Here's another in my series of posts looking back at individual movie screenings at this spring's TCM Classic Film Festival!
One of the films I most enjoyed at this year's festival was HER SISTER'S SECRET (1946), a little-known movie from the Poverty Row studio Producers Releasing Corporation (PRC). The movie was screened in a 35mm print, preserved by the UCLA Film and Television Archive.
Edgar G. Ulmer, which will also include a 2005 documentary on Ulmer, EDGAR G. ULMER - THE MAN OFF-SCREEN.
The other Ulmer films screening on TCM that night are Marsha Hunt in CARNEGIE HALL (1947), Paul Langton and Barbara Payton in the oddball MURDER IS MY BEAT (1955), Tom Neal and Ann Savage in the low-budget noir classic DETOUR (1945), and Marguerite Chapman, Douglas Kennedy, and James Griffith in THE AMAZING TRANSPARENT MAN (1960).
HER SISTER'S SECRET is fairly unusual for the mid '40s insofar as it deals at length with unwed pregnancy. There were other films made on this topic in that era, such as TO EACH HIS OWN (1946), but it was still fairly daring subject matter for the Production Code era. Anne Green's screenplay was loosely based on a novel by Gina Kaus titled DARK ANGEL.
The title HER SISTER'S SECRET has a double meaning, referring to one sister's secret pregnancy and the other's secret adoption of the baby.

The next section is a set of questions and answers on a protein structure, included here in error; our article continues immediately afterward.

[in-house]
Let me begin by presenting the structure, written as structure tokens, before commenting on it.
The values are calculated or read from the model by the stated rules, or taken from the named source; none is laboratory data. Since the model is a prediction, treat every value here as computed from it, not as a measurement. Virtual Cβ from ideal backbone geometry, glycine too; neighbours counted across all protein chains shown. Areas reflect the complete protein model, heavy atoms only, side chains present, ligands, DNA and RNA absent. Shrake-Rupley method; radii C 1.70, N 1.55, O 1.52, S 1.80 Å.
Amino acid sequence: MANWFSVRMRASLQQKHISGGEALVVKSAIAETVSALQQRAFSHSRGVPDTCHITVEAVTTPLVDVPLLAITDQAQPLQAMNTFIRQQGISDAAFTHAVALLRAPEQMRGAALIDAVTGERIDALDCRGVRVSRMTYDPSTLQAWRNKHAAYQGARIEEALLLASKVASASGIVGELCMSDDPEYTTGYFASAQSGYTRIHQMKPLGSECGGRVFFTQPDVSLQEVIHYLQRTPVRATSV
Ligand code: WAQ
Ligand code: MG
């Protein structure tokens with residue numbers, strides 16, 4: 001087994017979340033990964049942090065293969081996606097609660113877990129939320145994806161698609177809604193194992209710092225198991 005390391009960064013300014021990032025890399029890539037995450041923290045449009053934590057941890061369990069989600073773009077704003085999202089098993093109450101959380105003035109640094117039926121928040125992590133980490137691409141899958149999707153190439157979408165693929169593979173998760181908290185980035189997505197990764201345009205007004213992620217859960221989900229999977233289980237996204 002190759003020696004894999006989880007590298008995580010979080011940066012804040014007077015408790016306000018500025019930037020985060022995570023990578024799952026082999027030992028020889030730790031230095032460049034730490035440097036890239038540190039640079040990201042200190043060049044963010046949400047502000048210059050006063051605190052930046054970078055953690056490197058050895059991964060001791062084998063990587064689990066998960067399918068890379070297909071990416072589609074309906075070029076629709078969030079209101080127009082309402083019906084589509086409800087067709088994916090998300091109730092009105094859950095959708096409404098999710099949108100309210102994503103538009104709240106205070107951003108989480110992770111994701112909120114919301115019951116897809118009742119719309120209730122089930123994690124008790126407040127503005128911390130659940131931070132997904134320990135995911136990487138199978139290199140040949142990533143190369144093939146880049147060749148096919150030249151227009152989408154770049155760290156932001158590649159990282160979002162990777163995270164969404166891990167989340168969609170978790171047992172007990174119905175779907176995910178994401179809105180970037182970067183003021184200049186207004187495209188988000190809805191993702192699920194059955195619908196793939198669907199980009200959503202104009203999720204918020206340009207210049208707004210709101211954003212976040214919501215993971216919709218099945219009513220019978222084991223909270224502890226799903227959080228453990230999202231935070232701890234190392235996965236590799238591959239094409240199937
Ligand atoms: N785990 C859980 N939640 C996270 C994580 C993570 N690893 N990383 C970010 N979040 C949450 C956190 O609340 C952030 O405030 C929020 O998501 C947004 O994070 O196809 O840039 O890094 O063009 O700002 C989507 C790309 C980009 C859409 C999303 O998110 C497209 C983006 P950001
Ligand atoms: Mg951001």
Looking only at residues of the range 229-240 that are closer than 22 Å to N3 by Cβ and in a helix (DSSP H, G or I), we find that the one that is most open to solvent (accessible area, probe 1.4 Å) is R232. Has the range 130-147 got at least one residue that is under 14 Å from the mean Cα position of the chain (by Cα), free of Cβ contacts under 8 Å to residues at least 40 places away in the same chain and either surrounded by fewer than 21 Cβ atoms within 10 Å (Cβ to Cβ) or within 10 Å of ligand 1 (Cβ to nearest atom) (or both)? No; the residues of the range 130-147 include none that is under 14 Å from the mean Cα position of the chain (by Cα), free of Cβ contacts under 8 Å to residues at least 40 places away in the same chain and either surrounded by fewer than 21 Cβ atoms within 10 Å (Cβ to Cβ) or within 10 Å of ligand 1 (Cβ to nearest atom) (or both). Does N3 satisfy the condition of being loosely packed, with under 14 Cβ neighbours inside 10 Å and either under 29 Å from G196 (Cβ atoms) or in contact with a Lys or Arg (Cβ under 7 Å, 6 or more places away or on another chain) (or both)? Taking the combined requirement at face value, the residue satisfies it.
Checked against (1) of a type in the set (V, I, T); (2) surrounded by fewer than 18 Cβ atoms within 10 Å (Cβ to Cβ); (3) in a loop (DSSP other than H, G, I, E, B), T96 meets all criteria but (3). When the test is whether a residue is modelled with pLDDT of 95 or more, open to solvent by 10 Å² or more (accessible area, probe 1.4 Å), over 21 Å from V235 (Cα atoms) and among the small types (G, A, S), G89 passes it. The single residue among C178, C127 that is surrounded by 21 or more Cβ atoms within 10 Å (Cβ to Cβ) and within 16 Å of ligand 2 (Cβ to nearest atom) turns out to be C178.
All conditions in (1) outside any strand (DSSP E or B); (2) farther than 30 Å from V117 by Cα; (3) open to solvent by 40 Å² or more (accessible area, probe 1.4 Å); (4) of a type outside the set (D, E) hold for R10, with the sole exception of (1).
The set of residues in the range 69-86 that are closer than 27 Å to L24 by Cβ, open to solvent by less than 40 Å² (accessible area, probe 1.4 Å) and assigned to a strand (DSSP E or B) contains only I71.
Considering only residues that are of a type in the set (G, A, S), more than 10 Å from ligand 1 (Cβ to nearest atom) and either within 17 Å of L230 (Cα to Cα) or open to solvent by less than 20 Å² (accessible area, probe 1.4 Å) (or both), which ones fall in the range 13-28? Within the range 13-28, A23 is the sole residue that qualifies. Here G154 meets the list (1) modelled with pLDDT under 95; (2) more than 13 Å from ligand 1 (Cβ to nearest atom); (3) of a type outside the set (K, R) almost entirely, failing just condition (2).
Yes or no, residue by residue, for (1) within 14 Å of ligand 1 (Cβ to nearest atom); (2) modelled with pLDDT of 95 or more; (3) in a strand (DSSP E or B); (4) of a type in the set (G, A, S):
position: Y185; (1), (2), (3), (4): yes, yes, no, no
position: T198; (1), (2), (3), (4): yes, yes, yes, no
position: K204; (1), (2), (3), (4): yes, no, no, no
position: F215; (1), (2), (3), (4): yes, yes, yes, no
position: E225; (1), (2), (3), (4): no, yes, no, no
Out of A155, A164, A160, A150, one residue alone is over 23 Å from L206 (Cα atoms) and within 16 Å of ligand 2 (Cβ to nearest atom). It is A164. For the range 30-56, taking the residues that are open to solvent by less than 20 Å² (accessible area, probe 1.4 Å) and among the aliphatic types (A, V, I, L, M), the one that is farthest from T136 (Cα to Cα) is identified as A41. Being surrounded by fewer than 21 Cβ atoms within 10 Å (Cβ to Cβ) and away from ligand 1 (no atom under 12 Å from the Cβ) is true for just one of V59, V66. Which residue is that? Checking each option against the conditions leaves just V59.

Toni DuBois (Nancy Coleman) falls in love with soldier Dick Connolly (Phillip Reed) during a WWII-era Mardi Gras celebration in New Orleans, but when he ships out and they lose contact she finds herself in a desperate situation, alone, unmarried, and pregnant.
After giving the baby to Renee Toni stays away for an extended period, but as time passes she can't resist the chance to see the child, triggering territorial conflict with Renee. And when Dick unexpectedly reenters the picture, things become even more complicated.
Franz (Frank) Planer. The film has a great sense of mood, whether the setting is a masked party in New Orleans or a comfortable apartment in New York. Coleman and Lindsay are always very watchable actresses, and this film is no exception. The movie also offers a small but attractive role for Regis Toomey as the likeable Bill.
Horak was quoted in Noah Isenberg's book EDGAR G. ULMER: A FILMMAKER AT THE MARGINS as saying "For a B-picture, the film demonstrated an unusual sensitivity for the complexity of human emotions, for the giddiness of great love affairs, for the difficulty of motherhood, and for the barely repressed jealousy between siblings." As the Ulmer book notes, HER SISTER'S SECRET is considered by some critics to anticipate Douglas Sirk's 1950s melodramas, which included another title I saw at the festival, WRITTEN ON THE WIND (1956).
passed away just a few weeks ago.) Winston posted a comment on IMDb with his vague memories of making the film; he was just three years old at the time!
The supporting cast of HER SISTER'S SECRET includes Felix Bressart, Henry Stephenson, and Fritz Feld. Members of the Unofficial Bess Flowers Fan Club may be interested to know that this is one of her credits which is not included at IMDb; she can be spotted dancing at a restaurant.
I hope my readers will make it a point to check out this interesting and rather unusual film on TCM this October!
March 2015 Update: Here is an account of seeing the film again at the UCLA Festival of Preservation, with Jan-Christopher Horak, Arianne Ulmer Cipes, and Winston Severn in attendance.